Also as expected, env0 follows gitOps principles and ties in with version control systems. In our example we’ve tied the template to GitLab. Another neat feature of env0 is it’s ability to load variables from the Terraform code itself so you don’t have to type the variables yourself. Below is a screenshot showing that:

Easy way to load variables from theTerraform code
Easy way to load variables from theTerraform code

Now go ahead and create a template. For details on how to create this template please refer to the demo video above.

Create an Environment

Now that you’ve created a template, it’s time to create a new environment based on this template. Go to Project Environments and click CREATE NEW ENVIRONMENT button. You’ll get the option to build it directly from VCS or from a template. Choose template.

Create an Environment from a Template
Create an Environment from a Template

This will take you to the Project Templates section where you can click Run Now to deploy the template.

Run the Template
Run the Template

RBAC and Slack Notifications

Once the developer, Sameh Gabrail, deploys the environment from the Jenkins Container in EC2 template we start getting Slack notifications. You can see these notifications in the screenshot below.

Slack Notifications Showing RBAC and Approvals
Slack Notifications Showing RBAC and Approvals

Notice how the deployment is waiting on approval. Sameh Gabrail has the planner role which doesn’t allow him to approve his own deployments. Sam Gabrail who is an admin approves this deployment. For more information on user roles in a project, refer to the documentation.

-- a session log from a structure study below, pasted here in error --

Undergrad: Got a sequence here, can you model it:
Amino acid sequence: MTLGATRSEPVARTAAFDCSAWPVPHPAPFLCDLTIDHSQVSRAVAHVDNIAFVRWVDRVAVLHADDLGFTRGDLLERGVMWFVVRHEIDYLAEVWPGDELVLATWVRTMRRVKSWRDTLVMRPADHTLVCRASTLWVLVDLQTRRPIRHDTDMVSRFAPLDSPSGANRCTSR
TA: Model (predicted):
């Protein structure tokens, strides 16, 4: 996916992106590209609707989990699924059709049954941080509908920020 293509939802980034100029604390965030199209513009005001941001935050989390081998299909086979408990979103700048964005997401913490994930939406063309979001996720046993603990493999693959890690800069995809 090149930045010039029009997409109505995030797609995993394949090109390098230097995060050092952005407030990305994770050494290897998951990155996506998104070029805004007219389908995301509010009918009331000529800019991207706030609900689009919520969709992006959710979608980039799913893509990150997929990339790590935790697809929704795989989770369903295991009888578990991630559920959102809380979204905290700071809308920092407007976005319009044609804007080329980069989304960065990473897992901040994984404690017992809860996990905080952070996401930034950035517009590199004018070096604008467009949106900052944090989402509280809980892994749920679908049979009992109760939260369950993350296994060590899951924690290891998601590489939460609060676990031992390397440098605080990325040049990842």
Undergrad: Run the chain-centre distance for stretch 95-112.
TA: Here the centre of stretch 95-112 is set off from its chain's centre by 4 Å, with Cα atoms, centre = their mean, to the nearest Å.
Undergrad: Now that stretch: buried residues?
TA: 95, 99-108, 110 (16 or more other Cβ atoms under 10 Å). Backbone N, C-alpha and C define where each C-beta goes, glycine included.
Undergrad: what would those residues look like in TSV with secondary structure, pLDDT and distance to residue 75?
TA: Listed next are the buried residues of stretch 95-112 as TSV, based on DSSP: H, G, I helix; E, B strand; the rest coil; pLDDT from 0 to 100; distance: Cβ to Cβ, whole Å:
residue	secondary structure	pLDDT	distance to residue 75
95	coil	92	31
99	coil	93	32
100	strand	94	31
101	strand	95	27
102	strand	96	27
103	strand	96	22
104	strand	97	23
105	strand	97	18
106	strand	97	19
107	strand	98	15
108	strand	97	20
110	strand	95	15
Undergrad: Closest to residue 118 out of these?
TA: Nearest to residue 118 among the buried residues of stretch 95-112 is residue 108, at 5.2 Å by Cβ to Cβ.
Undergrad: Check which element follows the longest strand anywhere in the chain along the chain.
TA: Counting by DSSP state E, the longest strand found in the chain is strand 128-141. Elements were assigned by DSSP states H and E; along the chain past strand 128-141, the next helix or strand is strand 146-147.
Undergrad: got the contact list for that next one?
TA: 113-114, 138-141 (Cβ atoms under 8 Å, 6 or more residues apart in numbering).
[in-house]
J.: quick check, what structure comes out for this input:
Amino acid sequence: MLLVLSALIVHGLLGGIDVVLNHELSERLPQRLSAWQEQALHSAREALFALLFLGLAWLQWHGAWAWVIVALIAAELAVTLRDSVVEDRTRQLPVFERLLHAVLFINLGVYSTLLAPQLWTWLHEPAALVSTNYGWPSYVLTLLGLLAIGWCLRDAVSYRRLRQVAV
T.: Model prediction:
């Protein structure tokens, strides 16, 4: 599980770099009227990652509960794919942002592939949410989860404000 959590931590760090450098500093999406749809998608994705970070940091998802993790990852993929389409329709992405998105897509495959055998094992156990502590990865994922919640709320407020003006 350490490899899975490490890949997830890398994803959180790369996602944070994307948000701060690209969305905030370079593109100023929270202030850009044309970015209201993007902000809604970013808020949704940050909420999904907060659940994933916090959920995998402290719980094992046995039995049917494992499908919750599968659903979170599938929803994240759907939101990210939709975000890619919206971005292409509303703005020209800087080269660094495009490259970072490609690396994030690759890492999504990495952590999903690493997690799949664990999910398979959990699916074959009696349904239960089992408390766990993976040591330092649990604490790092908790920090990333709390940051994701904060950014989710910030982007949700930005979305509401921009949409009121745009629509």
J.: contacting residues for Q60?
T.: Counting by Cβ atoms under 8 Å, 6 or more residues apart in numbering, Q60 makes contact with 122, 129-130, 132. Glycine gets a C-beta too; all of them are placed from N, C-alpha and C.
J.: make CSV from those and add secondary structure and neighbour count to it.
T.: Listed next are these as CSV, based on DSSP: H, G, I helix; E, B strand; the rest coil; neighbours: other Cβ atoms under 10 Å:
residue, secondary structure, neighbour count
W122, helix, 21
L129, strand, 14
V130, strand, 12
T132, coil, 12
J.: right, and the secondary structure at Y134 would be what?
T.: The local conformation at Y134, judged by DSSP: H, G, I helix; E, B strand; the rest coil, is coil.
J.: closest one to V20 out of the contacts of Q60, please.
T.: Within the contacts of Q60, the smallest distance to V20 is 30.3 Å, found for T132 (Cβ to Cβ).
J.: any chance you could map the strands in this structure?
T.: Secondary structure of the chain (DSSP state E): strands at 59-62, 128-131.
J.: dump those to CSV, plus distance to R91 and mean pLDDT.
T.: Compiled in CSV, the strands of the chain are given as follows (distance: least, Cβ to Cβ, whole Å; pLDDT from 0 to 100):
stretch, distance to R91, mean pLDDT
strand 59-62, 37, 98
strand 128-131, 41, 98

Also, notice the estimated cost change is +12.92$. Another great feature of env0 is it’s ability to not only estimate actual cost, but also to monitor cloud costs over time.

Our Custom Flow Explained

env0 allows different hooks at different phases of a Terraform run. This is very useful for integrations with third-party tools such as checkov for security or to integrate with Ansible as in our case. What you need is to define a file called env0.yml and place it in the root directory of your repo. Check the different hooks for terraform in the documentation.

Below is the folder structure:

Folder Structure
Folder Structure

env0.yml file:

version: 1
        - terraform output -raw private_key > /tmp/myKey.pem
        - chmod 400 /tmp/myKey.pem
        - sed -i "s/<placeholder_app>/$(terraform output -raw public_ip)/g" Ansible/inventory
        - pip3 install --user ansible
        - ls -lah
        - cat Ansible/inventory
        - cd Ansible && ansible-playbook --private-key /tmp/myKey.pem -i inventory jenkinsPlaybook.yaml

Notice the env0.yml code above. This is where we get env0’s agent to grab the EC2 instance’s private key and place it in a myKey.pem file so that Ansible can later use it to access the instance. We also use sed to replace the <placeholder_app> with the terraform output for the EC2 instance’s public IP in Ansible’s inventory file.

Then we use pip to install ansible as it’s not available in the env0 agent. We then run ls and cat the inventory file to verify all is working, we can really omit these two lines. They are only helpful for troubleshooting.

Finally, we run the ansible-playbook from within the Ansible folder to run the jenkinsPlaybook playbook. You can check out the Ansible and Terraform code here.


In this post, we learned about env0 and how it is a great Terraform Cloud alternative.

We also saw how to use env0 to create custom flows that allow us to integrate Terraform with Ansible. Terraform helps with provisioning and Ansible helps with configuration management. The beauty of custom flows from env0 is that it allows us to build everything on env0 without having to rely on another CI/CD platform.

env0 has many other features that fill the gap for organizations looking to standardize on Terraform where Terraform OSS falls short. Check out these features under env0’s pricing plans.